Who’s an achiever?

Rogie Vasquez - Straight from the Quiver

It is that time of the term again. As most of us rejoice in the culmination of an entire term’s hard work, we find ourselves facing our computer monitors, patiently waiting for My La Salle (MLS) to load our complete set of final grades. It is just funny though that all the efforts that we have placed in a span of three months can just be summed up within the range of 0.0 to a 4.0.

The number of times you fought hard to stay awake in class, the number of times you took the stairs in the Andrew Building, the number of nights you stayed up past 3 am to finish a report, and the number of demons you overcame just to pass an exam–they are gauged from a 0.0 to a 4.0. Quite silly, isn’t it? But this is how it works.

A lot of people may agree or disagree, but somehow, at least for the duration of our stay in the University, grades do matter.

Dean’s Listers get advanced enrollment slots. Applications for positions in certain organizations have grade requirements. And acceptance to exchange programs also have specified CGPA quotas. Heck, getting a failing grade for more than a certain number of units can even get you kicked out of the University.

This is the system, not only in La Salle but in the society in general. And as superficial as it may sound, grades do matter, at least in one’s life as a student.

But what is there beyond and beneath this surface? What is it about passing or failing a course? What is the difference between someone who gets meager 1.0s and someone who has a 4.0-studded transcript?

Many admire the consistent Dean’s Listers, the 4.0 students, and all the other sorts of academic achievers that the world may produce. And why not? These people have exhibited diligence and brilliance in their lives as students. We hold recognition days, give medals, plaques, certificates, and other awards just to celebrate their excellence.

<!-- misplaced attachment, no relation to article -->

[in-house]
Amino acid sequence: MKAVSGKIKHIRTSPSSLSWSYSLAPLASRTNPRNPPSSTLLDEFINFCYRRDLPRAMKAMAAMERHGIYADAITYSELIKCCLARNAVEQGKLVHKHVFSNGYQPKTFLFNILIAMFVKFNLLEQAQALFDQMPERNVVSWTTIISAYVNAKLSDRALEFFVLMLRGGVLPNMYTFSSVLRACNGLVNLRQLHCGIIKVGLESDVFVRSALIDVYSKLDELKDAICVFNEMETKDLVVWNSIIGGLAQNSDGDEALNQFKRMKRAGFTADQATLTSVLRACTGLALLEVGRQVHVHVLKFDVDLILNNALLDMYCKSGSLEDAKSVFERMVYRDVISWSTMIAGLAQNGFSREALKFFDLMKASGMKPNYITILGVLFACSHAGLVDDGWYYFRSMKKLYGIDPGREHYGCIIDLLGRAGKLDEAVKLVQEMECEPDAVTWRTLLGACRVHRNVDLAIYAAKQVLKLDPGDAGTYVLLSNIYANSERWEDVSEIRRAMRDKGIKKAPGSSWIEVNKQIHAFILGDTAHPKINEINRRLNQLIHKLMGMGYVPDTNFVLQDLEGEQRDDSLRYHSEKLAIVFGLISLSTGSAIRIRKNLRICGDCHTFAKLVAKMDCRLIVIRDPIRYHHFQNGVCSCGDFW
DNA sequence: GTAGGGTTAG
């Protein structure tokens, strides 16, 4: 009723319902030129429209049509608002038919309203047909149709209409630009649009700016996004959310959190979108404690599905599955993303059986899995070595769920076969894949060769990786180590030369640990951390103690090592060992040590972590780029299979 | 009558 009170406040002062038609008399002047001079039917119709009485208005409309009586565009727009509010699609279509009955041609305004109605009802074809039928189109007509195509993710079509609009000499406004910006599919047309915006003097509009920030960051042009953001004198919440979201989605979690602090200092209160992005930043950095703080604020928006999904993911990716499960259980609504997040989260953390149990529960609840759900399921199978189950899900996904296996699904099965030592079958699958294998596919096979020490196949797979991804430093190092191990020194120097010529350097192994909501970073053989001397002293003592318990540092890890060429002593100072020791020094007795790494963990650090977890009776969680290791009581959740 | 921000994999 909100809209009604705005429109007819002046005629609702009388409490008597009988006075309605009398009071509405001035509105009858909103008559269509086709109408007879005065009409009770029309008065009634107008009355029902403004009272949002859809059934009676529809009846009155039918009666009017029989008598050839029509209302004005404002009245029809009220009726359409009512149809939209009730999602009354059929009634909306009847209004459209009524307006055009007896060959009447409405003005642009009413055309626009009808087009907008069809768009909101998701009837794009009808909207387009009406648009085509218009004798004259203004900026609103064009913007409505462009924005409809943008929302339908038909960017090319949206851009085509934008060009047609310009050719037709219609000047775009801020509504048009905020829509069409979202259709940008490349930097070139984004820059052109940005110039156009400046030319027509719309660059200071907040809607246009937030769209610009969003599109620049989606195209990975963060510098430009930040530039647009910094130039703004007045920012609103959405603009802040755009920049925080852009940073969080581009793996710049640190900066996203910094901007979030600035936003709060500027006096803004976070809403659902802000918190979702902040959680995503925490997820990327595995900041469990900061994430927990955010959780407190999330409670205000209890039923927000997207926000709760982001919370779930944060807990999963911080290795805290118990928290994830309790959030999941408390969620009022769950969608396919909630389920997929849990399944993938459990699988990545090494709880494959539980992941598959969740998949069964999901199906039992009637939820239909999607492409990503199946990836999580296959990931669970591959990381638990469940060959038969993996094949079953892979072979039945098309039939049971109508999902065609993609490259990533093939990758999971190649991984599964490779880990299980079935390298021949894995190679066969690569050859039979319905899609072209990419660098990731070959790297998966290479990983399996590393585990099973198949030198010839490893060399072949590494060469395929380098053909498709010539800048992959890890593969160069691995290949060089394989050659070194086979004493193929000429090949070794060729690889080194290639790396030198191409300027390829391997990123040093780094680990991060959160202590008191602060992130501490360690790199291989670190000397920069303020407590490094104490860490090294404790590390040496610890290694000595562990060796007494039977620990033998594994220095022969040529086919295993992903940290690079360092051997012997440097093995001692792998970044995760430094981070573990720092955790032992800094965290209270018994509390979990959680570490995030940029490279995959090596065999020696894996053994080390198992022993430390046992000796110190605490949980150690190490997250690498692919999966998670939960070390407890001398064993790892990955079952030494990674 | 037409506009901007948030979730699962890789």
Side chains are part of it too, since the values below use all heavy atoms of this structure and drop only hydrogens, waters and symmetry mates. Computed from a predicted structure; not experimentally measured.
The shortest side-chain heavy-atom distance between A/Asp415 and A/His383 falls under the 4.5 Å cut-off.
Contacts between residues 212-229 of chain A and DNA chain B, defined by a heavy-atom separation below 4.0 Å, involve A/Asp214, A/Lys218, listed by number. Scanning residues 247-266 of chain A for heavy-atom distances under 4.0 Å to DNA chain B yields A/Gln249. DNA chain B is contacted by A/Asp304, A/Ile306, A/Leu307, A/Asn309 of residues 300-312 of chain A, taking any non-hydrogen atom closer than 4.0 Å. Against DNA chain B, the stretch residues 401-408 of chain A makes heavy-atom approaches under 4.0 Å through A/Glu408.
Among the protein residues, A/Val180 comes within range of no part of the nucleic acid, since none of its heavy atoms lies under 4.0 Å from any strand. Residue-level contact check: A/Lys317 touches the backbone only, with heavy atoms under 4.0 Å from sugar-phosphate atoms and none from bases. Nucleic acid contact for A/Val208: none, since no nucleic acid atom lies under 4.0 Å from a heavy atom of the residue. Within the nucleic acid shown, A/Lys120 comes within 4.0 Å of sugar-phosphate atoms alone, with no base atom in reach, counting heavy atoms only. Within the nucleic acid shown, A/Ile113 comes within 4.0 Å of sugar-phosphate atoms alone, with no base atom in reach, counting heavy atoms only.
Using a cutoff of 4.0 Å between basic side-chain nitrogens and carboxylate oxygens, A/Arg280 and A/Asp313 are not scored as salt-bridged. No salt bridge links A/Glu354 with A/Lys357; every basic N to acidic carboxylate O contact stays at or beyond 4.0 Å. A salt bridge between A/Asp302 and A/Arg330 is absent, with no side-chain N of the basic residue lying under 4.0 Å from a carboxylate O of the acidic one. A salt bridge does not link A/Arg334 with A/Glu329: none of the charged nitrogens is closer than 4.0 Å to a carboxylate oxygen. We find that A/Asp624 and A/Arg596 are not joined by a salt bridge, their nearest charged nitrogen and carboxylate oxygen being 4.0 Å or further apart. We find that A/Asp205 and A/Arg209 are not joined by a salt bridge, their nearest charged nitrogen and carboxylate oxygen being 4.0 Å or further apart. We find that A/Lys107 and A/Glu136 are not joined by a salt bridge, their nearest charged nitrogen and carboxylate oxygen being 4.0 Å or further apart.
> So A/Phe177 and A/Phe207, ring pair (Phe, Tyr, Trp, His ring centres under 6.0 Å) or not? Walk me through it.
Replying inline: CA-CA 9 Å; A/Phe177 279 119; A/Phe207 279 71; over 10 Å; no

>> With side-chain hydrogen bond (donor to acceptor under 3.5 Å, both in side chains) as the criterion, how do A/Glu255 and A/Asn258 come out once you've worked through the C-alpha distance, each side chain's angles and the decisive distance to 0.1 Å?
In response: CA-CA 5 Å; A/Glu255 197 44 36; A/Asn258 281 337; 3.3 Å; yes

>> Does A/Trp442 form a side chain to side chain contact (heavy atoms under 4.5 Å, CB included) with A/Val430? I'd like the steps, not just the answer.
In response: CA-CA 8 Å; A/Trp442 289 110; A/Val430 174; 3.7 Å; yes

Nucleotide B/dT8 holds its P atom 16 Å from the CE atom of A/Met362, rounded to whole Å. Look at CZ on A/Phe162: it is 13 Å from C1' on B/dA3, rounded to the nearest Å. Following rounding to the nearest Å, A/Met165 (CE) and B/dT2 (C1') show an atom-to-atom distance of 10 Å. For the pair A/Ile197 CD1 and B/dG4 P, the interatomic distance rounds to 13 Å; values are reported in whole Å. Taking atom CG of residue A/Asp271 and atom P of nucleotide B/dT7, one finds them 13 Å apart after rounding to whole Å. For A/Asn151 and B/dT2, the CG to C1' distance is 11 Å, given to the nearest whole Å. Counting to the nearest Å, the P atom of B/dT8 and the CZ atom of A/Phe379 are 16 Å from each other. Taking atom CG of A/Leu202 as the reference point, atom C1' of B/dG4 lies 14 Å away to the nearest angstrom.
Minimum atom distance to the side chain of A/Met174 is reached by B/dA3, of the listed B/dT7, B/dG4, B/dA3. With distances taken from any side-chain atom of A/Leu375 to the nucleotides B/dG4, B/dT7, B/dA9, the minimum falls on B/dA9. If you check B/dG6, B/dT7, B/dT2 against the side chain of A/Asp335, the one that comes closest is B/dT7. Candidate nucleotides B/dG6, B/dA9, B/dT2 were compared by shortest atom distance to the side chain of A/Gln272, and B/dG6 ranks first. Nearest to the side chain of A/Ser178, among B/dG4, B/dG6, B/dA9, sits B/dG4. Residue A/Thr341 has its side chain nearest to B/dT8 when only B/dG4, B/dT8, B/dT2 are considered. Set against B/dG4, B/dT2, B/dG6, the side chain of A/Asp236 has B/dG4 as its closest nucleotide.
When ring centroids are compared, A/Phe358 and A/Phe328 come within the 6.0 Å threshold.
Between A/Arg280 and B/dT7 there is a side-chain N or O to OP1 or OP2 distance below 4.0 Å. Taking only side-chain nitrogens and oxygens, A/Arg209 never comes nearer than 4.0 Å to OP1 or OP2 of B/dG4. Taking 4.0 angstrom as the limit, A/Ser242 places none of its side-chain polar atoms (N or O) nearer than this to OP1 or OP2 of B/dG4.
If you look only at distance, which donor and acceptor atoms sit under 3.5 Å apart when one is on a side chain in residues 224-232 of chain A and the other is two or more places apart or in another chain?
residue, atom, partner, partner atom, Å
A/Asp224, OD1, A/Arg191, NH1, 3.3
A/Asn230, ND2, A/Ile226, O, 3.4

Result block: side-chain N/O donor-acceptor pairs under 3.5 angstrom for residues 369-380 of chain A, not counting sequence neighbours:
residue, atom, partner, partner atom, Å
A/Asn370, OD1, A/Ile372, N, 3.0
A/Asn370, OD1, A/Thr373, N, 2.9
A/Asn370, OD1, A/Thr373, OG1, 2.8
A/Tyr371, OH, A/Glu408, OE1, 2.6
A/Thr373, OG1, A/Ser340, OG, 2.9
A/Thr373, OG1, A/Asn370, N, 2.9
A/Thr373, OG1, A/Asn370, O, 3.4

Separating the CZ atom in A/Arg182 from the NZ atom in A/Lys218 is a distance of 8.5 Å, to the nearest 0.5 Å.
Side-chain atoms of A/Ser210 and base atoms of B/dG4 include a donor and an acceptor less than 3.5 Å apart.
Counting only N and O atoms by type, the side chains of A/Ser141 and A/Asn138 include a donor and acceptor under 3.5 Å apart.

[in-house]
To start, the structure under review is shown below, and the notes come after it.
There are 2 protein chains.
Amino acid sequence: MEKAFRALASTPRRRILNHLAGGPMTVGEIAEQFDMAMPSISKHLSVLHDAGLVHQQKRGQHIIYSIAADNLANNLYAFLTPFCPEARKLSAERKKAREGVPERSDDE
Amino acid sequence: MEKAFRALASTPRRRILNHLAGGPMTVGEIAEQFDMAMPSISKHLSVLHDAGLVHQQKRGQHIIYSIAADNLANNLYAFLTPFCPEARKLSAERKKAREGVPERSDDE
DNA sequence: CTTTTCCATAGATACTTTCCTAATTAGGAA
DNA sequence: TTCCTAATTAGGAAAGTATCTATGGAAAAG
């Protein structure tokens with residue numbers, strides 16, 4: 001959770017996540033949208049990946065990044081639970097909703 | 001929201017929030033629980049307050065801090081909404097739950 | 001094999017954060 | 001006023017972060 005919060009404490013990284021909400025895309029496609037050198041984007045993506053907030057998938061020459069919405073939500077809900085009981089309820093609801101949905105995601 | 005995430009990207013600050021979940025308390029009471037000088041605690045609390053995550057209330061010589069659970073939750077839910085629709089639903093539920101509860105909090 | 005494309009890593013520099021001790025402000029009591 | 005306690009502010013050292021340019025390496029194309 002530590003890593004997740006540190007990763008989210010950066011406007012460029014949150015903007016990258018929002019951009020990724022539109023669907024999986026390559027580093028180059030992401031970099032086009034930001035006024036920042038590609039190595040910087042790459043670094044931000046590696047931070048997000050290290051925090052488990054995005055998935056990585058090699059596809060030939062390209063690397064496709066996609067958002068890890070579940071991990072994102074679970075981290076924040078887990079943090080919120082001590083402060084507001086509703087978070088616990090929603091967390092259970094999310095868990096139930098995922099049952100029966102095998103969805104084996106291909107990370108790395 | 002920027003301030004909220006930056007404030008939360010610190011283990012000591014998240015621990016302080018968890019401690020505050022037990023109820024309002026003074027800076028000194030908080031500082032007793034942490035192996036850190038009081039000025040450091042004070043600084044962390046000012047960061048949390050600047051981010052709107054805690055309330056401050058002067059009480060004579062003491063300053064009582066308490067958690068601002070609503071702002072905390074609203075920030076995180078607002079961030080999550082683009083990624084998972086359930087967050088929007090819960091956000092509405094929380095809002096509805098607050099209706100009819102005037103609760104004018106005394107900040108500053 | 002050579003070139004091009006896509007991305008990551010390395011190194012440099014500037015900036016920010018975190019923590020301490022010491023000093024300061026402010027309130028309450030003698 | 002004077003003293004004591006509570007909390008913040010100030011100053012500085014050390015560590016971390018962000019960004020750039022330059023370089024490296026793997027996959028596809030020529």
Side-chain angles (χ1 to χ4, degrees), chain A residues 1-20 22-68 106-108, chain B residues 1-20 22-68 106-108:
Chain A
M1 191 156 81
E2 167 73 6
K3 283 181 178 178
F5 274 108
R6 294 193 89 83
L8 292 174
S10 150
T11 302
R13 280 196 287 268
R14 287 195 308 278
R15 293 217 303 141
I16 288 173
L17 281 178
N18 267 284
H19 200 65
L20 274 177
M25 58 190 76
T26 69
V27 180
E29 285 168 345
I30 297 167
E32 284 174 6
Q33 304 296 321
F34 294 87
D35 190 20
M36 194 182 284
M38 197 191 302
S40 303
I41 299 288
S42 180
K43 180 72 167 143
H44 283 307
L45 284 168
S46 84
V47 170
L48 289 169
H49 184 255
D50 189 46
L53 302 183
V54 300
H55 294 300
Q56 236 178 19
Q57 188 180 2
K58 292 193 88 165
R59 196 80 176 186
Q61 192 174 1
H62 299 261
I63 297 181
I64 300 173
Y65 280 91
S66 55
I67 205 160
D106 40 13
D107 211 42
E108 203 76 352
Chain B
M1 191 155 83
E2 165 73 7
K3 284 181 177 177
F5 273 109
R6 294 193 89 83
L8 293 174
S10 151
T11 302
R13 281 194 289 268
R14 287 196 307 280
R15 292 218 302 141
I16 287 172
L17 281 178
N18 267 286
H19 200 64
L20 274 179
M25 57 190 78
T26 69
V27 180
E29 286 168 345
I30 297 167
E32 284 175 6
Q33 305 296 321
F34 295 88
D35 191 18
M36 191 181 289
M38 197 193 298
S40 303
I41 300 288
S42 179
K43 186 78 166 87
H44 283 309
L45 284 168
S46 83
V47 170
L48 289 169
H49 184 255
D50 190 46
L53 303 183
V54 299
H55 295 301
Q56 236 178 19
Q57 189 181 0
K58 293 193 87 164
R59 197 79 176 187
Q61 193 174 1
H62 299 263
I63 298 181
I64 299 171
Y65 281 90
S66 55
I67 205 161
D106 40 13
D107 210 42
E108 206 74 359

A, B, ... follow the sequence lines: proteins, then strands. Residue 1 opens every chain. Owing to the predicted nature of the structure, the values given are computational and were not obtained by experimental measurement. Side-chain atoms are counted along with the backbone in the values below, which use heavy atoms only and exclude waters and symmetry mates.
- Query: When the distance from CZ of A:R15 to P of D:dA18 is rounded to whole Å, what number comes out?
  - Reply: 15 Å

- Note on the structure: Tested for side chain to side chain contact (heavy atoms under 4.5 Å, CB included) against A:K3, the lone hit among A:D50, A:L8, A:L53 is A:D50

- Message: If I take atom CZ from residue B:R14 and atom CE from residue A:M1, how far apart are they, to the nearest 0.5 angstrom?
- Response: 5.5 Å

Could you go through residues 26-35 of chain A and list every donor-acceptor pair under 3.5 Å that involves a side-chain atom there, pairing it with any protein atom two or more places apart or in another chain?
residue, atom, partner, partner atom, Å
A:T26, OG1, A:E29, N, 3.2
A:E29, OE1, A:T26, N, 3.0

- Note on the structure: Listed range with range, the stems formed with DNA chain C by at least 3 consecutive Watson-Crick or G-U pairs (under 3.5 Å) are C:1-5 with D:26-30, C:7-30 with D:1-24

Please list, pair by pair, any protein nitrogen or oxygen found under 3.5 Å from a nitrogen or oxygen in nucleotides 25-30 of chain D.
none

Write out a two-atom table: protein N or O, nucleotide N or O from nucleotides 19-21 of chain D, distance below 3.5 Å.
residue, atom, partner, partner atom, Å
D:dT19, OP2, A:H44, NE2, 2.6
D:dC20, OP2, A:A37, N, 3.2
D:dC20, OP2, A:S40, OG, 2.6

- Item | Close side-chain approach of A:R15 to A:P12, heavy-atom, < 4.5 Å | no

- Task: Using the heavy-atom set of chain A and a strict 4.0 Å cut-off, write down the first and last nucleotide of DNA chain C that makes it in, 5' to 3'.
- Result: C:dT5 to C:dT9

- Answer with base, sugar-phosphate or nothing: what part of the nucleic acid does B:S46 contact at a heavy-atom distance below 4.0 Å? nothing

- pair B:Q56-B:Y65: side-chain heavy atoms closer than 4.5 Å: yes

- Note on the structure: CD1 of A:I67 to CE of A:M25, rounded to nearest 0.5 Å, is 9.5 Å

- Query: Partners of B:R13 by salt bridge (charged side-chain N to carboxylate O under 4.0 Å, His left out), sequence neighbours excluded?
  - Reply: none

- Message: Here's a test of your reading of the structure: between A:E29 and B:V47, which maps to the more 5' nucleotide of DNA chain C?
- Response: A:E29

But in this system, the society has forgotten something, or at least some people. Society has forgotten the ones living in the shadows of these “achievers”. The society has overlooked those who failed but carried on. The society has excluded the greater majority, which are, in fact, average people.

But who can really be regarded as the so-called “achievers”?

The intelligent and diligent students have aced their quizzes, midterm and final exams, papers, and other requirements. Perhaps, indeed, they are achievers.

Now, how about those who struggled and failed but chose to stand up? Are they not achievers in their own right? Despite the difficulties and obstacles, they remained firm and continued. They may have fallen once, twice, or even more times, but they chose to carry on. Are they not achievers? In my stay in the University, I have met people who have repeated subjects, even more than once, but they never gave up. They held on until they finally made it. Are they not achievers? During graduation days, more than the Latin Honor graduates, I admire those who simply made it. No honors, no awards, no special citations, but they made it. They finished. They carried on until the end. I think this is the real essence of achievement, or being an “achiever” for that matter.

I think that it is not just the medals or the 4.0s that make one an achiever.

Achievement is in the manner that we respond to challenges. Achievement is in how we end what we started, no matter how tough the journey may be. Because at the end of the day, it is not about the number of times we stumble and fall, it is about how well we pulled ourselves together in order to rise after falling. This is what achievement is all about. From another perspective, this is what defines who qualifies as an achiever. Now, as another term draws to a close, we are again given a numerical gauge of our past efforts during the term. Favorable or not, choose to respond in the best way possible. Should you fall, choose to rise. Should you succeed, choose to become even better. Being an achiever is simply a choice we have to make ourselves.

Whatever the results may be, tell yourself that you are an achiever, simply because you are. Because in the end, achievement merely lies in the mindset, in how we respond to outcomes.

You may think that you are not the “best” student. But yes, you can be an achiever if you choose to be.

Rogie Vasquez

By Rogie Vasquez

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